Tuesday, June 26, 2012

Tips to Stay Safe in the Heat

With the hot summer weather upon us, heat related issues can sneak up on people who work outdoors, especially farmers who may not have access to shade or air conditioning to cool down.

Heat cramps, heat exhaustion and heat stroke are the three types of heat illnesses that you may be at risk of if you don’t notice the warning signs and symptoms. The first two types, while less serious than heat stroke, are still very dangerous and should be remedied quickly. Heat cramps, the least dangerous type, are painful cramping of muscles that occurs during exercise or work in hot environments. According to the Mayo Clinic website they are more intense and last longer than the average night cramps. Below is a list of remedies:

•Drink fluids including water or sports drinks to rehydrate
•Get to a cool environment
•Stretch and/or massage the area gently

Heat exhaustion is a more serious condition that comes after heat cramping, and is the inability of the body to cool itself down in hot, humid weather. Factors contributing to heat exhaustion include dehydration, alcohol use and wearing too many clothes for the temperature. Symptoms can include profuse sweating, dizziness/fainting, nausea/fatigue and cool, clammy skin. Headaches and a weak pulse can also be symptoms. Heat exhaustion is treated the same as heat cramps, but also remedies include:

•Cool the body by misting with cool water or a shower
•Loosen tight fitting clothing to allow the skin to breathe

If any symptoms of heat cramps or exhaustion persist for more than an hour, get prompt medical attention to avoid a more serious condition such as heat stroke.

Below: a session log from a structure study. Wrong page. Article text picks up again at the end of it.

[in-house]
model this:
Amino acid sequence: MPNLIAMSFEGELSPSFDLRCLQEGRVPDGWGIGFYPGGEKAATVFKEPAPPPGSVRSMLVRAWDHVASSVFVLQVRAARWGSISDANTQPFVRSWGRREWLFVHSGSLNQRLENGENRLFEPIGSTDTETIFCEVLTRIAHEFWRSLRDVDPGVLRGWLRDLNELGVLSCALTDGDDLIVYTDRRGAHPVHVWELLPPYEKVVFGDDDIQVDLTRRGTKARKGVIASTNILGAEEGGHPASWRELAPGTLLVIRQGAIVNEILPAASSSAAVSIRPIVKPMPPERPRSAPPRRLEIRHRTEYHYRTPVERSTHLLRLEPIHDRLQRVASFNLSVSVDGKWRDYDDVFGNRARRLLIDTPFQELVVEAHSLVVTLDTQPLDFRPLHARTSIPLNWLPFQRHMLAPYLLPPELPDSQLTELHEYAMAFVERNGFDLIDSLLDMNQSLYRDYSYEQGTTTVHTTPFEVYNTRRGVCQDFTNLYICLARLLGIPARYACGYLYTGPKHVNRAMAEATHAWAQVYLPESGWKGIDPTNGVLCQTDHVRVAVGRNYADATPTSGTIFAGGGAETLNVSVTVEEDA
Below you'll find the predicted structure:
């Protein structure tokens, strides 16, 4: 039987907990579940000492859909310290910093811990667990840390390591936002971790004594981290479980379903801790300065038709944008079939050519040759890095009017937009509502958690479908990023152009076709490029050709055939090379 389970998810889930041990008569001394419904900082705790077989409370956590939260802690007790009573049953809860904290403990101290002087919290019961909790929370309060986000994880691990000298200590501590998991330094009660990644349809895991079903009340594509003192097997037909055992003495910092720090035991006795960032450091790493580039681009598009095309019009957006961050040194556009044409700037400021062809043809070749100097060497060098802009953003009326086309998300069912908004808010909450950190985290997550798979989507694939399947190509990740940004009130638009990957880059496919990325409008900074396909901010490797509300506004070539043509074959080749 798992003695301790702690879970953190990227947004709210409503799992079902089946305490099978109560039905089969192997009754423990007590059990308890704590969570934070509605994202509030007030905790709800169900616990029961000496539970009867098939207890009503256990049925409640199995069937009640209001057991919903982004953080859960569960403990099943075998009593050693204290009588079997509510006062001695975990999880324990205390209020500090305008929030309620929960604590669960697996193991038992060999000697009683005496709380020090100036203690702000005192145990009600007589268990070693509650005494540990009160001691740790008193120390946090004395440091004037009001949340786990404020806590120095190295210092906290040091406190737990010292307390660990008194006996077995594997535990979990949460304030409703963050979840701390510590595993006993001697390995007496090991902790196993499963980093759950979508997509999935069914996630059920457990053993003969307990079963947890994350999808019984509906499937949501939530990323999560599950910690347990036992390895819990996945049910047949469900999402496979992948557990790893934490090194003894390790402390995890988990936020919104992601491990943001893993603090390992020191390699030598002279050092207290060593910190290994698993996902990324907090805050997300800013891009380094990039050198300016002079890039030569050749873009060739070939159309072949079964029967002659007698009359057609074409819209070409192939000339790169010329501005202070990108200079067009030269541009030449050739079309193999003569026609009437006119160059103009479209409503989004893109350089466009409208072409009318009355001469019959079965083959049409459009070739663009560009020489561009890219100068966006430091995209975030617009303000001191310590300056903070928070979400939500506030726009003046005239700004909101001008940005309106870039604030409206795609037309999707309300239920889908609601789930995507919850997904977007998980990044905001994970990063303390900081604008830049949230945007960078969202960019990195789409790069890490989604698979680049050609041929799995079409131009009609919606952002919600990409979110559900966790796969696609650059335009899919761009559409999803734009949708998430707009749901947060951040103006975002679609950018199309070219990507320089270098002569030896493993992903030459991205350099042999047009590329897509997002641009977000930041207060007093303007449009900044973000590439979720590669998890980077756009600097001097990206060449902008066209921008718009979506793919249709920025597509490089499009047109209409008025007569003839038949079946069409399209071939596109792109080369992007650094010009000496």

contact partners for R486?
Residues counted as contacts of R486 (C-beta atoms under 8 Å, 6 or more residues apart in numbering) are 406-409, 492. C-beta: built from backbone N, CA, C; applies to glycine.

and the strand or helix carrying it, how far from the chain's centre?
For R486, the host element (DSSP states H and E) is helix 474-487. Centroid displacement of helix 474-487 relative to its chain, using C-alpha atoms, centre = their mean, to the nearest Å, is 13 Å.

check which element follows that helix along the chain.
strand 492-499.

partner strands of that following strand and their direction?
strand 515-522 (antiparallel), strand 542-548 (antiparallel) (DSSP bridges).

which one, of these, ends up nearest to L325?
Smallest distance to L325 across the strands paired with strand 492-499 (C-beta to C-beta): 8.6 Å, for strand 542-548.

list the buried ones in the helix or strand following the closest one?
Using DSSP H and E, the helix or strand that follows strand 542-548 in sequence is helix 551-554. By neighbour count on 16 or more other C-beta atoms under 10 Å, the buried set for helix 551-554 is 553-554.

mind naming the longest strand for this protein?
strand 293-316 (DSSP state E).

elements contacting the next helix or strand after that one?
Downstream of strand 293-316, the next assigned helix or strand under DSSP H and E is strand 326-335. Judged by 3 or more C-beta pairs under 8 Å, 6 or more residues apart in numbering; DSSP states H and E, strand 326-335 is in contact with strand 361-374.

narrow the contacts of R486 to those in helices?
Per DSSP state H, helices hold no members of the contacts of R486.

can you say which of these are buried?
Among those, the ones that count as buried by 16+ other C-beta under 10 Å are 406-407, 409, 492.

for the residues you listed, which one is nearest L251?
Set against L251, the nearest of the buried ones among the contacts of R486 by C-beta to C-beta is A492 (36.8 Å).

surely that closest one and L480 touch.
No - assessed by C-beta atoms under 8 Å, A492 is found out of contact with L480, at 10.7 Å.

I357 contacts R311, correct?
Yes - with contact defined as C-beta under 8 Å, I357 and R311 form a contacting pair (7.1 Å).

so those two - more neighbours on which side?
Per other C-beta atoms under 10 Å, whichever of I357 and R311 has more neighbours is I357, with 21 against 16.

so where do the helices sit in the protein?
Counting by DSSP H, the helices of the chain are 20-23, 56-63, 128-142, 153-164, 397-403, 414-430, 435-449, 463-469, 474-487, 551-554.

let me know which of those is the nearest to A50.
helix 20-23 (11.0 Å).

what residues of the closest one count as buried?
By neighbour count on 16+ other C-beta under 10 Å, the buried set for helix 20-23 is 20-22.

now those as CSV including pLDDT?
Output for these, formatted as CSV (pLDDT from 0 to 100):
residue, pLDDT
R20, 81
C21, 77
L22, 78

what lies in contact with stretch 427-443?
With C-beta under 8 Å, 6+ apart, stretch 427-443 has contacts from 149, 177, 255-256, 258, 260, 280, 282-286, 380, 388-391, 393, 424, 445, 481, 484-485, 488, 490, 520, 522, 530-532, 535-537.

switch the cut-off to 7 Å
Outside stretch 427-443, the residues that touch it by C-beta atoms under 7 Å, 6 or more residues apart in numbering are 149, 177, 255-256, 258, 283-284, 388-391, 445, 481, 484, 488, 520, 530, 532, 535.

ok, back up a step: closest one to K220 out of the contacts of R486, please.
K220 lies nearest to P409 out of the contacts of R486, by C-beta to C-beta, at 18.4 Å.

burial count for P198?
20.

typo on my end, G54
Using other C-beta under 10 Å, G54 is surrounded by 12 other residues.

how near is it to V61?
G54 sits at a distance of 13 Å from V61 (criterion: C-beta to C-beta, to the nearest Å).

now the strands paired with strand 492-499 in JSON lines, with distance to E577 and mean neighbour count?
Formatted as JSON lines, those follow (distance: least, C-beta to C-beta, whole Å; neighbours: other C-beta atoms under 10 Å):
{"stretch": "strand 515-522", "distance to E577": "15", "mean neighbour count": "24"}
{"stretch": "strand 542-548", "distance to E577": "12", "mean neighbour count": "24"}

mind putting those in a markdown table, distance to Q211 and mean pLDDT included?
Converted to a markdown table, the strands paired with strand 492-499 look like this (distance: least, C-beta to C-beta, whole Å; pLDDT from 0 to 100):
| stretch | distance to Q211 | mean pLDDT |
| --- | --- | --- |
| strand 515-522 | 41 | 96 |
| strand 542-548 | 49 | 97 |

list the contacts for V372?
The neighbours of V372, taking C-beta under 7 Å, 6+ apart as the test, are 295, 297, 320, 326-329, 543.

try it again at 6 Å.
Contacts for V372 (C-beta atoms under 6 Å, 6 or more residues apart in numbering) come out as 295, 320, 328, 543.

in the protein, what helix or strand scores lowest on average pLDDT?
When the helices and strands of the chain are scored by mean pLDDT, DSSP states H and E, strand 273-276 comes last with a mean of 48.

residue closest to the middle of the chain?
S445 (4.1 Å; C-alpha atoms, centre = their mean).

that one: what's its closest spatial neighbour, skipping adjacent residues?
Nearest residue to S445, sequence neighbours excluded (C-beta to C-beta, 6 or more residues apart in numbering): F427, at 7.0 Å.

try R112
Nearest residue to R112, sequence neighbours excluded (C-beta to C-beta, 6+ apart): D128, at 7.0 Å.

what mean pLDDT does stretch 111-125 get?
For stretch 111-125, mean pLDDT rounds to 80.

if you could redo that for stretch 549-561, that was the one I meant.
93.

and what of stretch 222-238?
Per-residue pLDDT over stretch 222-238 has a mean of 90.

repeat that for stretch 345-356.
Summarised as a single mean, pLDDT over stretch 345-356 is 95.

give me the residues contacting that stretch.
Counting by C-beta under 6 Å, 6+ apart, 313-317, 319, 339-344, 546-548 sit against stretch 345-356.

If you are working out in the hot sun all day and forget to bring cool, re-hydrating drinks with you, you are at risk of developing a condition called heat stroke. Defined by the Mayo Clinic as a core body temperature of 104 degrees or higher, heat stroke needs immediate attention to avoid serious complications. Other than the high temperature, symptoms include:

•No longer sweating
•Rapid breathing and pulse
•Passing out

While working or exercising outside is a major contributor to heat stroke, genetic factors, medications, age and weight can all play a role in developing the condition. Visit the Mayo Clinic website for a full list of factors.

To prevent heat stroke: avoid sitting in parked cars where the temperature can raise quickly, wear temperature-appropriate clothing, drink plenty of hydrating fluids, avoid working in the hottest part of the day, and know the signs of heat cramping and exhaustion.

If heat stroke is suspected, immediate medical attention is required, so a doctor can reduce the internal body temperature of the afflicted person to avoid any internal damage.

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